Within the Bridge of Orchy Hills there are five peaks of Munro status. These are: Beinn Dorain (pronounced Byn Doa-ran) Beinn an Dothaidh (pronounced Byn Daw-ree) Beinn Mhanach (pronounced Byn Vanach) Beinn Achaladair (pronounced Byn Achalatu) Beinn a' Chreachain (pronounced Byn a Chrech-yin)
Of the five peaks, Beinn Dorain is the one that will first grab your attention if travelling here from the south of Scotland. The beautiful site of its conical shape fills the horizon and is an awe inspiring site.
These hills are the hills of the Scottish poet Duncan Ban MacIntyre. MacIntyre, or Donnchadh Ban nan Oran (fair haired-Duncan of the songs) was born near Bridge of Orchy in 1724 and wrote passionately about the hills and corries that surrounded him. The following poem is very long so I have included only a couple of verses which I feel portray the peak:
Moladh Beinn Dorain (In praise of Beinn Dorain)
Honour beyond each ben, for Beinn Dorain; Of all I have seen beneath the sun, the most glorious...
'O gladly in times of old I trod that glorious ground, And the white dawn melted in the sun, and the red deer cried around.
It has been known for walkers of the West Highland Way West Highland Way to add this Munro on route to their walk from Milngavie (on the outskirts of Glasgow) to Fort William (a distance of 152km/95miles).
From this range of mountains onwards the real beauty of the Scottish Mountains starts to hit you. Immediately north on the A82 road the Black Mount Range and Glencoe add to what The Bridge of Orchy Hills has to offer.
At the station take the underpass (please dont risk crossing the tracks instead as this may hinder your attempt at reaching the summit!). At the gate follow the path that leads to the left that will take you to the lower slopes of Alt Coire an Dothaidh. The path can be quite boggy at times and at points disappears and reappears, however it is obvious that you are heading towards the bealach between Beinn Dorain and Beinn an Dothaidh.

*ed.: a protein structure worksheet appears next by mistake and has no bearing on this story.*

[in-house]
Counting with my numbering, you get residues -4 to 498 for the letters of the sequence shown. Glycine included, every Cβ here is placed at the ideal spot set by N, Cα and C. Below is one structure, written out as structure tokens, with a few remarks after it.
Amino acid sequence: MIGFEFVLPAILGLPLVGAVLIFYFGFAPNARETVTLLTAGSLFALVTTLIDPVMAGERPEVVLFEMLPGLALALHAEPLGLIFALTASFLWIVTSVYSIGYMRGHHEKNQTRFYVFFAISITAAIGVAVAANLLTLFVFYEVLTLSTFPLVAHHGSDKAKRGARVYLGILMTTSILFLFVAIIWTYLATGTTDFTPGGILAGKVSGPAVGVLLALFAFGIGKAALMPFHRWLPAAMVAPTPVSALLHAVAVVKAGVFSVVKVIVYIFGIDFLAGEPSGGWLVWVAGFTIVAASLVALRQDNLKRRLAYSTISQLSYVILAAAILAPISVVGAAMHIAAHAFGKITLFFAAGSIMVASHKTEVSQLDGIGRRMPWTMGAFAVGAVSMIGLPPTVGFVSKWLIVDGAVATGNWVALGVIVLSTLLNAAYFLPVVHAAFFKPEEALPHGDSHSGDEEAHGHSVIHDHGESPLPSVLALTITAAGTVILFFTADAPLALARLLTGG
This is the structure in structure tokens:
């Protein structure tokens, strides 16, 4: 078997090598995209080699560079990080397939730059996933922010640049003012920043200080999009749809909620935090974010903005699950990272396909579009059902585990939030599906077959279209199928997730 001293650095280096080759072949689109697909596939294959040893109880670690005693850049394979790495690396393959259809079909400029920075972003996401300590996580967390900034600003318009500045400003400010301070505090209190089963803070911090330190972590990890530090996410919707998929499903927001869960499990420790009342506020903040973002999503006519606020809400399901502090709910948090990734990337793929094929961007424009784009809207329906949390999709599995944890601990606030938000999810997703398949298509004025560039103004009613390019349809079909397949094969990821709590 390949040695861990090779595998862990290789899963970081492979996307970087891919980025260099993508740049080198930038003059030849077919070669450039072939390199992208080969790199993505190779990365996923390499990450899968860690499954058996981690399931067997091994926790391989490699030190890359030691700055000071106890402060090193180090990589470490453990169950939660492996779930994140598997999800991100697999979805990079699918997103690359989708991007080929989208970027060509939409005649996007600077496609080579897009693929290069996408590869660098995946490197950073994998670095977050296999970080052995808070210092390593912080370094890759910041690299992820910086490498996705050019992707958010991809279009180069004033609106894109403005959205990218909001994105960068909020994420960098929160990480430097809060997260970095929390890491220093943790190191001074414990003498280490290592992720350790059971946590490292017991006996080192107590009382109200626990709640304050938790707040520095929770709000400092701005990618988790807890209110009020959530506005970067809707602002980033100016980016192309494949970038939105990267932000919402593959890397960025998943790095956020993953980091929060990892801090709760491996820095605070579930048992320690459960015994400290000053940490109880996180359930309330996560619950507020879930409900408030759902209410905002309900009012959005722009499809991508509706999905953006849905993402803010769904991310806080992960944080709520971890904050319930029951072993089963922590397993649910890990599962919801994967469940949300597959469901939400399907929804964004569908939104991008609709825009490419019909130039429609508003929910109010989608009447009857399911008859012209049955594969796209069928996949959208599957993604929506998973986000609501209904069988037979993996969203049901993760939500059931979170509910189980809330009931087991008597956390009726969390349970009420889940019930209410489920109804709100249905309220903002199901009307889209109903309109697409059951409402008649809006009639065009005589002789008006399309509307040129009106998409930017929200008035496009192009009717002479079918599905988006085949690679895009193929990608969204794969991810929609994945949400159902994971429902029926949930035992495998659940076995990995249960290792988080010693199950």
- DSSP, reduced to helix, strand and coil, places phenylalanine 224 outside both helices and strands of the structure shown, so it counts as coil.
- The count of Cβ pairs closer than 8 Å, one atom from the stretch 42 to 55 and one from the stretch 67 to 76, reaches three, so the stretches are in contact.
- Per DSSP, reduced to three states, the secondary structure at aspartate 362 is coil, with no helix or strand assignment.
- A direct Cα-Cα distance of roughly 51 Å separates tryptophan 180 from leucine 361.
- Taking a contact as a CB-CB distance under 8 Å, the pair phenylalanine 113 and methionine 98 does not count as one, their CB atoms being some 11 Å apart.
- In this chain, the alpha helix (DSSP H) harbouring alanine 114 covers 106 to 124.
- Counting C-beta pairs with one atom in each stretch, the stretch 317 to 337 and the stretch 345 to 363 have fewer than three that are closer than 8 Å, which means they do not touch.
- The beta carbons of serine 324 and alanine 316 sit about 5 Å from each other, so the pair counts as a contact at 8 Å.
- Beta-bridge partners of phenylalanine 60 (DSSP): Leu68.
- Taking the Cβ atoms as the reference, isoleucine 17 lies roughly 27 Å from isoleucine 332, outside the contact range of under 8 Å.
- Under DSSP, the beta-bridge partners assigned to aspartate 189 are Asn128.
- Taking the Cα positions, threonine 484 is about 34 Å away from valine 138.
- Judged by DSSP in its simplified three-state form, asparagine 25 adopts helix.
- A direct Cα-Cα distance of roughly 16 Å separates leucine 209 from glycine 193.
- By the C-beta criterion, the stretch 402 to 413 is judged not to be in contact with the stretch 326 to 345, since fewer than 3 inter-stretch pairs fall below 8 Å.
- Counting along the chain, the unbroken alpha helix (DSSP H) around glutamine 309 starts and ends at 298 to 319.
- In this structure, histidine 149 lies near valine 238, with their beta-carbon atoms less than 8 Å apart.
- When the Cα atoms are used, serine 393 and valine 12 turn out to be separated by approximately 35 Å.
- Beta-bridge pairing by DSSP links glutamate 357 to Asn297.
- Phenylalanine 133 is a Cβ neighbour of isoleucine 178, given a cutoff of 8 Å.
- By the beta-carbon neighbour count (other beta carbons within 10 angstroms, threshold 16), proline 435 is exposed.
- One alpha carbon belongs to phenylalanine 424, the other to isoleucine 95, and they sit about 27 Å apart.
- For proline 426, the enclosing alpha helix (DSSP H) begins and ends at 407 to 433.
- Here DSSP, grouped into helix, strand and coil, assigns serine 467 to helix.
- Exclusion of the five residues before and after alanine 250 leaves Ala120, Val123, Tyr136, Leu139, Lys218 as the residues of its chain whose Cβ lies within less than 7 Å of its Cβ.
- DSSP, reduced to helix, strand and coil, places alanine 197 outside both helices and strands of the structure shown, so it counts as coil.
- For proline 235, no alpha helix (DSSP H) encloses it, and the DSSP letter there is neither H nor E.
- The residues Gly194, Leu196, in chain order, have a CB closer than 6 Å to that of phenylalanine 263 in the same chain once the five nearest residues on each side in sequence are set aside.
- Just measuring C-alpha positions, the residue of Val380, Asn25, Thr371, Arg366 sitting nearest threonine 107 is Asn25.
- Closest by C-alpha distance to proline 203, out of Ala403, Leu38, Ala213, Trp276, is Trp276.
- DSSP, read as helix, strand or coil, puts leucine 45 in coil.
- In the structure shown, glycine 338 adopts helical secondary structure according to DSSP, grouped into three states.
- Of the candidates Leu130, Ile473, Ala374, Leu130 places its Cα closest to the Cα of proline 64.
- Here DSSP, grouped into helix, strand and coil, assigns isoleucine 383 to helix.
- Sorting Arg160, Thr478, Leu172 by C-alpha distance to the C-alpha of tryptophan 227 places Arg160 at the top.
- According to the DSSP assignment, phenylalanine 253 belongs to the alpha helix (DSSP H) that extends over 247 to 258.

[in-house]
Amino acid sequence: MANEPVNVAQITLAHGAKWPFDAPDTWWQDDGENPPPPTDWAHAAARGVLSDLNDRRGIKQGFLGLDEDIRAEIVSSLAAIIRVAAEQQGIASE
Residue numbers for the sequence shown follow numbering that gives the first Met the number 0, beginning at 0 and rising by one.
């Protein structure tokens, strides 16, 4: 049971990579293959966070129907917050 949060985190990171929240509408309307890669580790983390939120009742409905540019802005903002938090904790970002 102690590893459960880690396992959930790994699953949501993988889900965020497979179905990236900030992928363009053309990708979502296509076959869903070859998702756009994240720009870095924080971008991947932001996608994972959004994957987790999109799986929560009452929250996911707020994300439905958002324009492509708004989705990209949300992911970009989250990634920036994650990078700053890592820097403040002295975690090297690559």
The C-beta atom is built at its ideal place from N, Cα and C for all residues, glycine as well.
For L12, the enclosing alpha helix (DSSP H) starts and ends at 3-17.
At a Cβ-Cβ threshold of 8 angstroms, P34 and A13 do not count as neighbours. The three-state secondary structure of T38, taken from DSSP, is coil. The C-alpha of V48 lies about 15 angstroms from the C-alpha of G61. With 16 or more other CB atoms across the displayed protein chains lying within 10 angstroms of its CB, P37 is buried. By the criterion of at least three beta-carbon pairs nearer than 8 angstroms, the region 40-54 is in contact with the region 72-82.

Once higher up the path crosses the small stream and from here the path steepens considerably until reaching the bealach. From here head in a southerly direction along the ascending path, passing a small lochan and upwards til reaching a fork in the path. Both paths lead to the summit.
The path to the right leads you along the shoulder of the mountain, past the summit above you. The path is faint at points, with splendid views or drops depending how you look at it. On going this way I couldn't decide whether it was better when I could see the drop or whether it was better when the mist was blocking it. The path eventually climbs back on itself and a small scramble leads you to the summit.
The path to the left leads up to the hills ridge. Follow this until reaching a cairn which is not your true summit, instead continue until coming to a dip and then up again to the summit this time.
Distance travelled - 4.5 Kilometers Elevation gained - 890 Meters Estimated ascent time - 3 Hours
Descend via the ridge. On reaching the bealach again you can choose to add Beinn an Dothaidh to your day. This time follow the path to the north ensuring you do not wander too far left into the steep and rocky ground. This peak has three summits and the one you want is the second one.
Distance travelled - 7.5 Kilometers Elevation gained - 1140 Meters Estimated ascent time - 4.5 Hours
Return to the bealach and make your way back down Alt Coire an Dothaidh to the railway station.
Approx round trip time: 5 to 7 hours.
Car directions to Beinn Dorain from Glasgow and Edinburgh can be seen on the embedded map below. Click on the view larger map link for more detailed directions.
The train station at Bridge of Orchy is right at the beginning of the route up Beinn Dorain. Scotrail info link.
The nearest bus drop off from Glasgow and Edinburgh is also at the start of the route up Beinn Dorain, in Bridge of Orchy. Details can be found at Scottish City Link.
The following aspects should be taken into consideration when you are in the Scottish countryside;
Lodges & Campsites
Hostels & Bunkhouses
Wild camping is totally legal in Scotland and can be done in various locations close to Beinn Dorain. The Bridge of Orchy Hotel currently permits wild camping to the rear of the premises. This is due to the Land Reform (Scotland) Act 2003 that was mentioned earlier.
Here are some of the basic rules that should be adopted when wild camping;
The Mountaineering Council of Scotland provides an invaluable leaflet providing a full breakdown of the do's and don'ts of wild camping in Scotland. Wild Camping, A guide to good practice.
Landranger map 50 OS map explorer 377,
The Central Highlands by Peter Hodgkiss. Scottish Hill and Mountain Names by Peter Drummond. The Munros by Cameron McNeish. The Munro Almanac by Cameron McNeish. Scottish Mountains on Ski by Malcolm Slesser. The Scottish Peaks by W. A. Poucher. The scenery of Scotland by A. Geike Geology and Scenery of Scotland by J.B. Whittow The Corbetts and other Scottish Hills by S. Johnstone, H. Brown & D.Bennet